- Olomouc Tvarůžky stinky cheese is a semi-soft cheese, which means that, like the passengers aboard the Titanic, the longer it sits the wetter it gets.
- According to Wikipedia, the source of all cheese and non-cheese related plagiarism, Olomouc Tvarůžky stinky cheese is “easy to recognize” because of the cheese’s “strong scent, distinctive pungent taste, and yellowish color.” To us laymen who may not be so acquainted with cheesery, feel free to find the first quote an insult and the second quote repulsive and an insult — as if all cheese isn’t some shade of yellow.
- Olomouc Tvarůžky stinky cheese is actually produced in the small Czechian town of Loštice a few miles northwest of Olomouc, but being more powerful, Olomouc explored the wonders of exploitation and became the city who got all the money and credit, making Olomouc the Jeff Bezos of stinky cheese.
- Olomouc Tvarůžky stinky cheese was first produced as peasant food, ensuring that no Czechian noble ladies would fall in love with any of the commoners due to widespread chronic cases of halitosis.
- In case you’re interested in what the European Union was up to before Britain decided to say “Sayonara!”, 2006 saw the omnipotent EU exercise its vast powers in naming Olomouc Tvarůžky stinky cheese a “Protected Geographical Indicator,” finally giving all of those people who visited the Olomouc Tvarůžky stinky cheese museum in Loštice a reason to brag about their foresight online.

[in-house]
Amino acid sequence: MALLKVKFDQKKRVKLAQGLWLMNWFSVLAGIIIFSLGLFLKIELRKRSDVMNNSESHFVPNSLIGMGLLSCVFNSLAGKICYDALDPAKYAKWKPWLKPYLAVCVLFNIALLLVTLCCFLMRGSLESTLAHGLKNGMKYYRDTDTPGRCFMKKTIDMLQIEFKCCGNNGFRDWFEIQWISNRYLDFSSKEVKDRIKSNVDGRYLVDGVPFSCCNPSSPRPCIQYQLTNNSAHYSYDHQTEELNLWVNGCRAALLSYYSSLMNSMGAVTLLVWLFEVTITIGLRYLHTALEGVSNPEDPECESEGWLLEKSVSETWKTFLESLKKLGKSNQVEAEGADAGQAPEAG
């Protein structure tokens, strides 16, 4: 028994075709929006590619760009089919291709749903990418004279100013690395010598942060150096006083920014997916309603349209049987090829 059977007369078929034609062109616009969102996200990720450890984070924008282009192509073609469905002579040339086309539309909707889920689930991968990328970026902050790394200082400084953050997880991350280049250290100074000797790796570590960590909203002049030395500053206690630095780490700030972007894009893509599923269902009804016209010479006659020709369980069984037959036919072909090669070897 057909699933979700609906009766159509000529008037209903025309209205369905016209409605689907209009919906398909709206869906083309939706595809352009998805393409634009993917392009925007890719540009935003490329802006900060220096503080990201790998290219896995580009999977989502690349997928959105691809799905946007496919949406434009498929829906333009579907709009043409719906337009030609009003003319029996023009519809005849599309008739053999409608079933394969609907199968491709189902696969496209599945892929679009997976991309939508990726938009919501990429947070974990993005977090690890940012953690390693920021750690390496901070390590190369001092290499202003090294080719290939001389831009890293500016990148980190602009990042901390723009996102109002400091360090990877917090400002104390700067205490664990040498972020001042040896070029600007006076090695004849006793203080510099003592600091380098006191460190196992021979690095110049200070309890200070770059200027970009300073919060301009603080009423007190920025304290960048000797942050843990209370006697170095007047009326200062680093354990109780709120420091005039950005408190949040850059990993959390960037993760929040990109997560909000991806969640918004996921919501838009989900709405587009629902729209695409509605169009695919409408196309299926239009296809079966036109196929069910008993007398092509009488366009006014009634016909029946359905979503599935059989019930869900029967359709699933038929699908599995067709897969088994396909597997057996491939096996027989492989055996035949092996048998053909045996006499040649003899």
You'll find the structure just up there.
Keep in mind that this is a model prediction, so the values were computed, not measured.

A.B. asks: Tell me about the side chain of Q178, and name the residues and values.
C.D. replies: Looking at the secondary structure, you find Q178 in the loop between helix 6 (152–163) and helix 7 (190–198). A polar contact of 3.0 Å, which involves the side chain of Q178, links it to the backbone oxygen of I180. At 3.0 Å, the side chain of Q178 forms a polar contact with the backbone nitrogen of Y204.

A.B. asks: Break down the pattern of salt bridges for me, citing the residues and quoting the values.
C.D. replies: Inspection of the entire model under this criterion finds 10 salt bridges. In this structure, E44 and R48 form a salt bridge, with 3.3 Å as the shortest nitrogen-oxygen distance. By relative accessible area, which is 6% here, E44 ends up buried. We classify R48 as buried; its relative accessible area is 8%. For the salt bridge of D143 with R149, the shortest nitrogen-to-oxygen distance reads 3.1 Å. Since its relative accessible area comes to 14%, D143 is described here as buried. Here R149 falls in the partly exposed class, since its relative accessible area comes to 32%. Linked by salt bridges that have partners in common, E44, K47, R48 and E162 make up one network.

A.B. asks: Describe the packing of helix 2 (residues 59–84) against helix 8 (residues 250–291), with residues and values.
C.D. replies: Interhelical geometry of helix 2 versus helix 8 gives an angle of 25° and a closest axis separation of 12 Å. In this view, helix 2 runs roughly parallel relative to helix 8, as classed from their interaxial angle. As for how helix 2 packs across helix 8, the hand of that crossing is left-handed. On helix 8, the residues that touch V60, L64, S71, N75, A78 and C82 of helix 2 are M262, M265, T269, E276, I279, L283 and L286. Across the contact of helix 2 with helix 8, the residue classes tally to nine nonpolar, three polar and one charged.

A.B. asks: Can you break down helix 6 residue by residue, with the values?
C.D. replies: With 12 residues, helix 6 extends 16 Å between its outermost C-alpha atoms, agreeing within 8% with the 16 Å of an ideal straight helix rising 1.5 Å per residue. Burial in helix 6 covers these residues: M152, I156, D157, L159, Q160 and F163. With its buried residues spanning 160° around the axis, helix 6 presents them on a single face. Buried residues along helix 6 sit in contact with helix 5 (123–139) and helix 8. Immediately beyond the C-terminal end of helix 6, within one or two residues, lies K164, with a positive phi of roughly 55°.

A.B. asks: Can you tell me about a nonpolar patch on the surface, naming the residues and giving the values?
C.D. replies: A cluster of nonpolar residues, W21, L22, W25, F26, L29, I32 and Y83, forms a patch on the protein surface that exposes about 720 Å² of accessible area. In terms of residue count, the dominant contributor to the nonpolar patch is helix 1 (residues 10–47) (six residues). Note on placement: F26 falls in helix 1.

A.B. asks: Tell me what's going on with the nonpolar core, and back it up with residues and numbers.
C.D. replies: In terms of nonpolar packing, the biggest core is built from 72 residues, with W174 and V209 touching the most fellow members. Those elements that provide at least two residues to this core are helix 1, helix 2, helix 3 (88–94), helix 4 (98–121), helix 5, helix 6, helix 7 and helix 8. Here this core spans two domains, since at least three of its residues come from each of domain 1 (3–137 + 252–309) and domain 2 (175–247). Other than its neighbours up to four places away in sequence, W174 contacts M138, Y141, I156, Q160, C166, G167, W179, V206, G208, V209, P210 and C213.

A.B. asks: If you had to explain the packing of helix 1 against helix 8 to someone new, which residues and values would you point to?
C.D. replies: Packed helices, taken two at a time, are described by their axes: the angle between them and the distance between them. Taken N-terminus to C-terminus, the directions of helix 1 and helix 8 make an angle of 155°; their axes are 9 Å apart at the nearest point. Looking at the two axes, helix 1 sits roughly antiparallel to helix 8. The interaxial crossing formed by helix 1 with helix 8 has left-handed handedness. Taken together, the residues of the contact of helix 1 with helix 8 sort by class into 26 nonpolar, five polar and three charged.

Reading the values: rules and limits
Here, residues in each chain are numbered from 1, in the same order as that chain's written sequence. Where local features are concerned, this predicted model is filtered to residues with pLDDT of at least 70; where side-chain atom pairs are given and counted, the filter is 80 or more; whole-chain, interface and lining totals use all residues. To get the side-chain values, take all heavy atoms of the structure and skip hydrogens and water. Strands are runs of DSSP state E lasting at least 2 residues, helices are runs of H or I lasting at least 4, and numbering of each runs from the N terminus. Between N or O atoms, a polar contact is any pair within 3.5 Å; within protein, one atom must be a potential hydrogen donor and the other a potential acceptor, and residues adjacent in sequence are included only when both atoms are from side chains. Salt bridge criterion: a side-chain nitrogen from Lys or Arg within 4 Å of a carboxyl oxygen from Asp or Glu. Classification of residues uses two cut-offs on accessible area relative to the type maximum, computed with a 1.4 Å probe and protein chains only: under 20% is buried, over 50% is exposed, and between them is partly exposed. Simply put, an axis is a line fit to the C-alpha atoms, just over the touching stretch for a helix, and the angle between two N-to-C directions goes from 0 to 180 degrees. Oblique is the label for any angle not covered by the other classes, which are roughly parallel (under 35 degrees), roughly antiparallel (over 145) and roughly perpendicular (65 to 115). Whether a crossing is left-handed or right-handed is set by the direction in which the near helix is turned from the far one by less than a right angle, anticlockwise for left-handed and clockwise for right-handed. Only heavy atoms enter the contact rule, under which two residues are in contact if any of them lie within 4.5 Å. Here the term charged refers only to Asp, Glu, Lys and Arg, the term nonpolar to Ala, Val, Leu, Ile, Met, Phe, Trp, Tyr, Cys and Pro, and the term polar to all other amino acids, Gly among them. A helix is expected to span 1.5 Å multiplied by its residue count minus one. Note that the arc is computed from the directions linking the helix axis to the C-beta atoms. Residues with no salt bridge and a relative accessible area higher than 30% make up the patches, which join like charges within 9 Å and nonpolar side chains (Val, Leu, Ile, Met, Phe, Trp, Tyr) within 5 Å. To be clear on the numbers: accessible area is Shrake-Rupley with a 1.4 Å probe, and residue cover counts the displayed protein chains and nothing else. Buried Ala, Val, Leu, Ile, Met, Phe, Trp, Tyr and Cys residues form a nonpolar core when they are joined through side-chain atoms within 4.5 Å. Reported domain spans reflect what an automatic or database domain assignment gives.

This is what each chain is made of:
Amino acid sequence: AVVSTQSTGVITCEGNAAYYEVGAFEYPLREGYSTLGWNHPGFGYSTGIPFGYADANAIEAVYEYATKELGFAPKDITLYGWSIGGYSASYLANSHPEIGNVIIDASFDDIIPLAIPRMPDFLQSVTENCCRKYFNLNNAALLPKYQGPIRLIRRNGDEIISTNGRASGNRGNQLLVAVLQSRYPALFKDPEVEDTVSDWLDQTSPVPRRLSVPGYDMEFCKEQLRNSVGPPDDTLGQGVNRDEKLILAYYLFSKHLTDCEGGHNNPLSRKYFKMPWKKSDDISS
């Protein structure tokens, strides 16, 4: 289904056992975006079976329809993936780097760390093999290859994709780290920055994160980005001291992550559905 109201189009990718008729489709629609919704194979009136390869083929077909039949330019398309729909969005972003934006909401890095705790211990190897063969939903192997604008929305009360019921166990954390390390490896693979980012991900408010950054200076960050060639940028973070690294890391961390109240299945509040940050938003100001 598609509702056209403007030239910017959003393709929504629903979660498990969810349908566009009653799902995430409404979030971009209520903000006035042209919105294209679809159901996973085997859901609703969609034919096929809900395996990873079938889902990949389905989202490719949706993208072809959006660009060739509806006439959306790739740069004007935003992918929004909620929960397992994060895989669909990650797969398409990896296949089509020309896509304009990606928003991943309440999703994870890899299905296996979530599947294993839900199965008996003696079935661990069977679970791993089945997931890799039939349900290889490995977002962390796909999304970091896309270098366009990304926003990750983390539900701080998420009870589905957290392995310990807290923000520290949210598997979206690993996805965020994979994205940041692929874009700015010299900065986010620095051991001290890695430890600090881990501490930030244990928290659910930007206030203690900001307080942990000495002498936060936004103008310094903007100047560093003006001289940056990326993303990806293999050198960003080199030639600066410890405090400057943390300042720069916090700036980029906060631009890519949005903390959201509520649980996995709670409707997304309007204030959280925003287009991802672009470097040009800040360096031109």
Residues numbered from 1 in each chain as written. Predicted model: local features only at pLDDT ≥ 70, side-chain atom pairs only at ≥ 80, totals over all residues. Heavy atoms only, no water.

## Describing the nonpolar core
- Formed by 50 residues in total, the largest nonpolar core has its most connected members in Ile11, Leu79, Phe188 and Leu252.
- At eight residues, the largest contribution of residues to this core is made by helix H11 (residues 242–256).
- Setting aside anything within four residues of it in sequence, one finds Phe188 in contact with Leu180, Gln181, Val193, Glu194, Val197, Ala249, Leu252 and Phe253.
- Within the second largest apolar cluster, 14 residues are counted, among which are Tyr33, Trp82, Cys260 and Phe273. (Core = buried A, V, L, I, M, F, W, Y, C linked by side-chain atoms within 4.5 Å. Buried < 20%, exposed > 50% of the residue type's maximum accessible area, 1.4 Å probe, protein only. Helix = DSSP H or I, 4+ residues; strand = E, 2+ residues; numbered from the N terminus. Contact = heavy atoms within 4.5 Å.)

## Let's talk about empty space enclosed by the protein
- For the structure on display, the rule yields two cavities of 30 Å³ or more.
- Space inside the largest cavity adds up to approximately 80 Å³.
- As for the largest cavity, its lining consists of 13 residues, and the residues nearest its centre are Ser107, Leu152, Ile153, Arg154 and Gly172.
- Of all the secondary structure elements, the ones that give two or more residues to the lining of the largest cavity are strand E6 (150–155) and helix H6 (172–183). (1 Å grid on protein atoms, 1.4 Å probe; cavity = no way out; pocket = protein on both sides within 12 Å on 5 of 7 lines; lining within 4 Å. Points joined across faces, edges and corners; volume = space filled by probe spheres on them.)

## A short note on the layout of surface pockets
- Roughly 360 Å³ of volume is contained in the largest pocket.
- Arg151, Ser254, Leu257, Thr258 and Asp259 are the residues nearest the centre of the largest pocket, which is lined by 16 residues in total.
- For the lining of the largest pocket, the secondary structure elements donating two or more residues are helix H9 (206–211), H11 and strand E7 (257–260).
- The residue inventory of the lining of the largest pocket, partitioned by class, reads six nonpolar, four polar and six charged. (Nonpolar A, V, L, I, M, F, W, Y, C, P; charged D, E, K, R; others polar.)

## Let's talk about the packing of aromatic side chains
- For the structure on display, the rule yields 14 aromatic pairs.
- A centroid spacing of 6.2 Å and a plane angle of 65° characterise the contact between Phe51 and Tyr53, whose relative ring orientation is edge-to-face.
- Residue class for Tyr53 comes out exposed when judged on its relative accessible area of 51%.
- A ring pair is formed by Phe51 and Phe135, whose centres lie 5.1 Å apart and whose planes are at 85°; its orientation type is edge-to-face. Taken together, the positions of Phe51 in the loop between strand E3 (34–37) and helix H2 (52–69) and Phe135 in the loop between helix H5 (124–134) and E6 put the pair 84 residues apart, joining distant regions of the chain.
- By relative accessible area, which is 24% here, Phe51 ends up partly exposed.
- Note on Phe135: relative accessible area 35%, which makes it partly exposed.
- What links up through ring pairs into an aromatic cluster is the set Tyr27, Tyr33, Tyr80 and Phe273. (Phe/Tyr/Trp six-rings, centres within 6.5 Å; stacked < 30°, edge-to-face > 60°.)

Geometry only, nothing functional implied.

- Much like your boyfriend who lifts, Olomouc Tvarůžky stinky cheese has a 0.6% fat content, is raised on cow’s milk, and weighs 20-30 grams per piece.
Needless to say, Olomouc Tvarůžky stinky cheese is a hallmark of Moravian and Bohemian culture that no good reviewer can pass up. In the words of Ron Burgundy and the plagiarizing Kanye West, Olomouc Tvarůžky stinky cheese is “like, kind of a big deal.”
So, now that you and I are acquainted with our subject matter and its unfathomable importance to the culture I have stumbled upon, let’s get on to my review.
For a long time, like decades long, there was a singular shop that sold Olomouc Tvarůžky stinky cheese in Olomouc, and only Olomouc Tvarůžky stinky cheese. Of course, upon my arrival I learned the very disappointing news that said shop is now closed forever, and the only source of Olomouc Tvarůžky stinky cheese is through the middle man of local restaurants who *gasp* prepare the cheese without serving it in its rawest form.
Conceding that I wouldn’t be blessed enough to consume Olomouc Tvarůžky stinky cheese in its raw, circular, suffocating form, I settled. I settled on visiting traditional Czech restaurant Svatováclavský Pivovar that now serves Olomouc Tvarůžky stinky cheese as a fixed item on their rotating menu.